Over the next three years, Finding Home ATX is working to:

Help People: House 3,000 individuals experiencing homelessness and support and stabilize an additional 2,300 households.

Add Housing Capacity: Add 1,300 newly built or rehabilitated units of affordable housing for the unhoused population.

Build a better, more effective, culturally proficient Homelessness Response System through training, data and equity.

In the Spring of 2021, community leaders convened the Summit to Address Unsheltered Homelessness in Austin (Summit), which brought together individuals with lived experience, social service providers, social justice advocates, local governments, local philanthropists, and issue area experts, to develop a unified systems approach and implementation plan to significantly move the needle on our community’s goal to have homelessness be rare, brief, and nonrecurring (i.e., functional zero).

The Summit resulted in the Finding ATX Home initiative – a bold three-year $515M investment plan with three core objectives: (1) house an additional 3,000 unsheltered individuals, (2) add 1,300 new units of affordable housing for the population experiencing homelessness, and (3) build a better, more effective Homelessness Response System.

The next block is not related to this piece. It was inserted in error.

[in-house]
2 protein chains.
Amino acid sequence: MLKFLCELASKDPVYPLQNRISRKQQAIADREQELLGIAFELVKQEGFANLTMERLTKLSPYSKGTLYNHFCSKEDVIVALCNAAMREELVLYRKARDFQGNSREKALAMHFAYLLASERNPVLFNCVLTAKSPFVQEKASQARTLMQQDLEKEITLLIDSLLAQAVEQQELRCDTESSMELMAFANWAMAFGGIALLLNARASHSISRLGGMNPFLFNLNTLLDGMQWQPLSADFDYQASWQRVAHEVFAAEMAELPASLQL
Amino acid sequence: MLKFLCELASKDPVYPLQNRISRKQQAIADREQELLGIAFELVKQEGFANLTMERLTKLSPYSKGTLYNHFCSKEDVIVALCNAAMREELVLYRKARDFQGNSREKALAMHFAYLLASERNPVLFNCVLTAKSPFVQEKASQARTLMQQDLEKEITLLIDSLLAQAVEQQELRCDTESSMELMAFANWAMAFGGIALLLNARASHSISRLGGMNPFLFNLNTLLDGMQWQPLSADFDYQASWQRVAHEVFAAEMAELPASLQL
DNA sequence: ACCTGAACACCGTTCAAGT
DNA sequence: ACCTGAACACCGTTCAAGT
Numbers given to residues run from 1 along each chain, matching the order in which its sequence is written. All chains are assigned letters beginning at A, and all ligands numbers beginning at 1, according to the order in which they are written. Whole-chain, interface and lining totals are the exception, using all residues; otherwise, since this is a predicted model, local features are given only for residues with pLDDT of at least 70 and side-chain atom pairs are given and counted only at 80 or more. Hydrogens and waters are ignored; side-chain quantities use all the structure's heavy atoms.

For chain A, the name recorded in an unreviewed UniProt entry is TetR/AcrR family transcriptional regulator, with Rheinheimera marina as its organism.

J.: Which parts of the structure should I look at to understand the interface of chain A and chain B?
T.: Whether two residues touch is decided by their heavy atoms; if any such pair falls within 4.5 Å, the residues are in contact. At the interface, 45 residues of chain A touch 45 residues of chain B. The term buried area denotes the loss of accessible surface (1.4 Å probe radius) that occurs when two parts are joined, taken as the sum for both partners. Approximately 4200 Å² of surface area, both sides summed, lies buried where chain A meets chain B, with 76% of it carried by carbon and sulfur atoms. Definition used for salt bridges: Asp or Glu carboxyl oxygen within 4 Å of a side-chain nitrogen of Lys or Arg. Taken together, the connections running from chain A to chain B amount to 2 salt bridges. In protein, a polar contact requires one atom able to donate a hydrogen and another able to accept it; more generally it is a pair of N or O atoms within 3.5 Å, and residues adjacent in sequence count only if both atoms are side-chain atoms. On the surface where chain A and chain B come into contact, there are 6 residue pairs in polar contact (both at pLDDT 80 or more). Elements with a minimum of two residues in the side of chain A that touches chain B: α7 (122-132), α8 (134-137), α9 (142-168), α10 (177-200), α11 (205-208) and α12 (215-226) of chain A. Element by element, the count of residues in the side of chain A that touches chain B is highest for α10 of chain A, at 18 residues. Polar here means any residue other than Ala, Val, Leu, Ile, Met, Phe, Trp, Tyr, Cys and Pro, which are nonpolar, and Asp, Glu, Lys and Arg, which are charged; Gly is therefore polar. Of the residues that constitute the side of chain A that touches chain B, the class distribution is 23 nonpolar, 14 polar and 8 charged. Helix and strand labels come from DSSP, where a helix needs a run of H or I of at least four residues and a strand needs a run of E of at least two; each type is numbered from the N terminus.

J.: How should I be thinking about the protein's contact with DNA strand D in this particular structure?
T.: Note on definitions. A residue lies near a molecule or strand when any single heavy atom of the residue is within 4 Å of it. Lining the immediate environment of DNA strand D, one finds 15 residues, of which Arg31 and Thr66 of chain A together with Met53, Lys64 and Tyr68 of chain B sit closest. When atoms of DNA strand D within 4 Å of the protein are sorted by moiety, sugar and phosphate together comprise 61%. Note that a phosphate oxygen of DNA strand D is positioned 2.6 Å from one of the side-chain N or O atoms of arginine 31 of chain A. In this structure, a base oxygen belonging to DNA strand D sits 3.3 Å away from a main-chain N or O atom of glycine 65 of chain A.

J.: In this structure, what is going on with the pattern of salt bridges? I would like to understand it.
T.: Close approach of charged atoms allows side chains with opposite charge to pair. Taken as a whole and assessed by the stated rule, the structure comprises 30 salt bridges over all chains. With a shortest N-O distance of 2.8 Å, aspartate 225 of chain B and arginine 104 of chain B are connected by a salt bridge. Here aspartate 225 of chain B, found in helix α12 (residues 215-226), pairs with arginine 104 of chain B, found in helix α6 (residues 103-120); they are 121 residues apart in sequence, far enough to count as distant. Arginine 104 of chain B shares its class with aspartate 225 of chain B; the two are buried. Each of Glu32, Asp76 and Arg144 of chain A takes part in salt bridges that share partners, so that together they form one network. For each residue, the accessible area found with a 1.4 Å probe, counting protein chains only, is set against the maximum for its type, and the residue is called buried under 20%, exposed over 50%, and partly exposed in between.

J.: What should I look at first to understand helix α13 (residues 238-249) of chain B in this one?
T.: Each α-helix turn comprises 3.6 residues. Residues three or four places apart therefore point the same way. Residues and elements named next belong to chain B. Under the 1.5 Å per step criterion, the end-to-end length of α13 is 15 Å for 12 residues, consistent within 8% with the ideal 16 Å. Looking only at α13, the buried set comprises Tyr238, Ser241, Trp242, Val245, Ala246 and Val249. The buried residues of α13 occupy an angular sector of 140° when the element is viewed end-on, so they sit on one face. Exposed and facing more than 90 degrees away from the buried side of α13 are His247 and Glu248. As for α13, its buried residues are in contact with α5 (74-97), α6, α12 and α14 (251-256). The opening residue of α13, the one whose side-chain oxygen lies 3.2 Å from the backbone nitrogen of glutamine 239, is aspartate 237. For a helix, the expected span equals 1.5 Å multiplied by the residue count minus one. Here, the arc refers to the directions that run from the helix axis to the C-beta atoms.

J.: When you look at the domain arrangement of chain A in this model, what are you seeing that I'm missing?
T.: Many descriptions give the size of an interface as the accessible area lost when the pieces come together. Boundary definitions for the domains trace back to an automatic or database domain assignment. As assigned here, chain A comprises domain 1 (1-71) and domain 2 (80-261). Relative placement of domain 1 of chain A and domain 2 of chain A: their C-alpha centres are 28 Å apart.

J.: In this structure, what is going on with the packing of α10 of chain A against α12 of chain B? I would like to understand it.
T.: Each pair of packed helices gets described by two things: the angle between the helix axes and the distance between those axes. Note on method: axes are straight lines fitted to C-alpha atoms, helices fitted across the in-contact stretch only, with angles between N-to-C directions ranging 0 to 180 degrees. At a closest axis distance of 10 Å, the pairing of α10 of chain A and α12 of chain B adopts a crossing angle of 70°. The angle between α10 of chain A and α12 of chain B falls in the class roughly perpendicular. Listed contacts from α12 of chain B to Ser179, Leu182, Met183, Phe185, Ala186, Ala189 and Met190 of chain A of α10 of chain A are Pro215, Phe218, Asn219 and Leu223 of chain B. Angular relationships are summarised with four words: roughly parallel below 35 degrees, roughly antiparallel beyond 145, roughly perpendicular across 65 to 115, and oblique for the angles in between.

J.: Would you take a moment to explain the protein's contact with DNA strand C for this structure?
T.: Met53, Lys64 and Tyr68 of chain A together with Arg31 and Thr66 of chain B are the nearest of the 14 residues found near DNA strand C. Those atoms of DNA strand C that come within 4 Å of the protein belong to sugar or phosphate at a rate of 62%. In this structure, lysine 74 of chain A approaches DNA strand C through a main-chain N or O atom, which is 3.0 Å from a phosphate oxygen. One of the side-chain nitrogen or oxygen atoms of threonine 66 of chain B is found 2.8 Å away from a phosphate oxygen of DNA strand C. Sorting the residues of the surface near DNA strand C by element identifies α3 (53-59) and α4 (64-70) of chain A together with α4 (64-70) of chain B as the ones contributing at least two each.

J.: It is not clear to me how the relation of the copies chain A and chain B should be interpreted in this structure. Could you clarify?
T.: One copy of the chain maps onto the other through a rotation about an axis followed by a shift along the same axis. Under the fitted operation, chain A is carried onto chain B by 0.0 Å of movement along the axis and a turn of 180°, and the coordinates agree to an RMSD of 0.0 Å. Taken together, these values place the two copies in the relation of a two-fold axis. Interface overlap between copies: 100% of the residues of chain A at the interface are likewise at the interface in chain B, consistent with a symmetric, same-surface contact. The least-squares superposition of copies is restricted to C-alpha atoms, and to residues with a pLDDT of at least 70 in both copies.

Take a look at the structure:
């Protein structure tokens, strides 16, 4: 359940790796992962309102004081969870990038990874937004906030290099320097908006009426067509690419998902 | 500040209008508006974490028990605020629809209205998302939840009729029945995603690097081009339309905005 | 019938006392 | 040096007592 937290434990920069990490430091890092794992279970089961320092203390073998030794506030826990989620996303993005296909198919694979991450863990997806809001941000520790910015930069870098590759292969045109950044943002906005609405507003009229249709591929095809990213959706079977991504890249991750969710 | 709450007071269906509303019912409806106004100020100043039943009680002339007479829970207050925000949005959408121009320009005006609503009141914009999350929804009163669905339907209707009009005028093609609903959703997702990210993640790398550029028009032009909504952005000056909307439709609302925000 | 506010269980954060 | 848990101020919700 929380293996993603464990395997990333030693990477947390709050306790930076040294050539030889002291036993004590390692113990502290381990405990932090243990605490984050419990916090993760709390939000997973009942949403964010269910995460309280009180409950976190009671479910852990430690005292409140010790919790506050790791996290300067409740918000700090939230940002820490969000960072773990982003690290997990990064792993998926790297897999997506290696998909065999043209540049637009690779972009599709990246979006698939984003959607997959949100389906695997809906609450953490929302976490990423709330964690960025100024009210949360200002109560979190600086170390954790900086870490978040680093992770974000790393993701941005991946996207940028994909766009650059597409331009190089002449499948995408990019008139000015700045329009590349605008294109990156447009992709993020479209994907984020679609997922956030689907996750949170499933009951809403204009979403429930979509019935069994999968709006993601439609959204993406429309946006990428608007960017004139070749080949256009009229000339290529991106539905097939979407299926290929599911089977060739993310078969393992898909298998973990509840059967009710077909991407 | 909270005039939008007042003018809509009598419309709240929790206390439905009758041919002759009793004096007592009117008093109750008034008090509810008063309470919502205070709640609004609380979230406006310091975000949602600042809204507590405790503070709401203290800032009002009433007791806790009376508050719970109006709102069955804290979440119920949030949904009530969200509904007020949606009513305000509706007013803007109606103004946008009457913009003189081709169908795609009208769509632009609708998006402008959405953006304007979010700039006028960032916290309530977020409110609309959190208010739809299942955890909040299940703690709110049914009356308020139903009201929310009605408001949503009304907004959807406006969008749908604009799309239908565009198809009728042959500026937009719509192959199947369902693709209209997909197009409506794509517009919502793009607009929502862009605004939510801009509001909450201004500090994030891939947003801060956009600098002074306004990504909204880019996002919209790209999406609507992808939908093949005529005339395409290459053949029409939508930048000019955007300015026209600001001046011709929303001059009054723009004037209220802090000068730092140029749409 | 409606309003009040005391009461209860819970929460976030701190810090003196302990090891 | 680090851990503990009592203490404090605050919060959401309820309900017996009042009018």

This initiative was designed to build a Homelessness Response System that rests on four core pillars, which we believe are the keys to success: Scaling What Works: Invest in proven, high impact programs.

Data-driven decision making: Effectively and efficiently connect data systems to track people experiencing homelessness through the Homelessness OS, identify gaps, measure impact, and guide decision-making for future investments within the system.

Effective Leadership: Maintain a diverse, influential committee of stakeholders representing government, the private sector, taxpayers, experiential experts (aka. people with lived experiences), non-profit service providers, and healthcare providers to ensure the plan is being implemented with fidelity and we are on track to achieve our goals.

Public-Private Funding: Braiding governmental, foundation, corporate, and community fundraising toward a collective community-developed plan.

We believe this systems approach is the only way to achieve our goal of making homelessness rare, brief, and nonrecurring.

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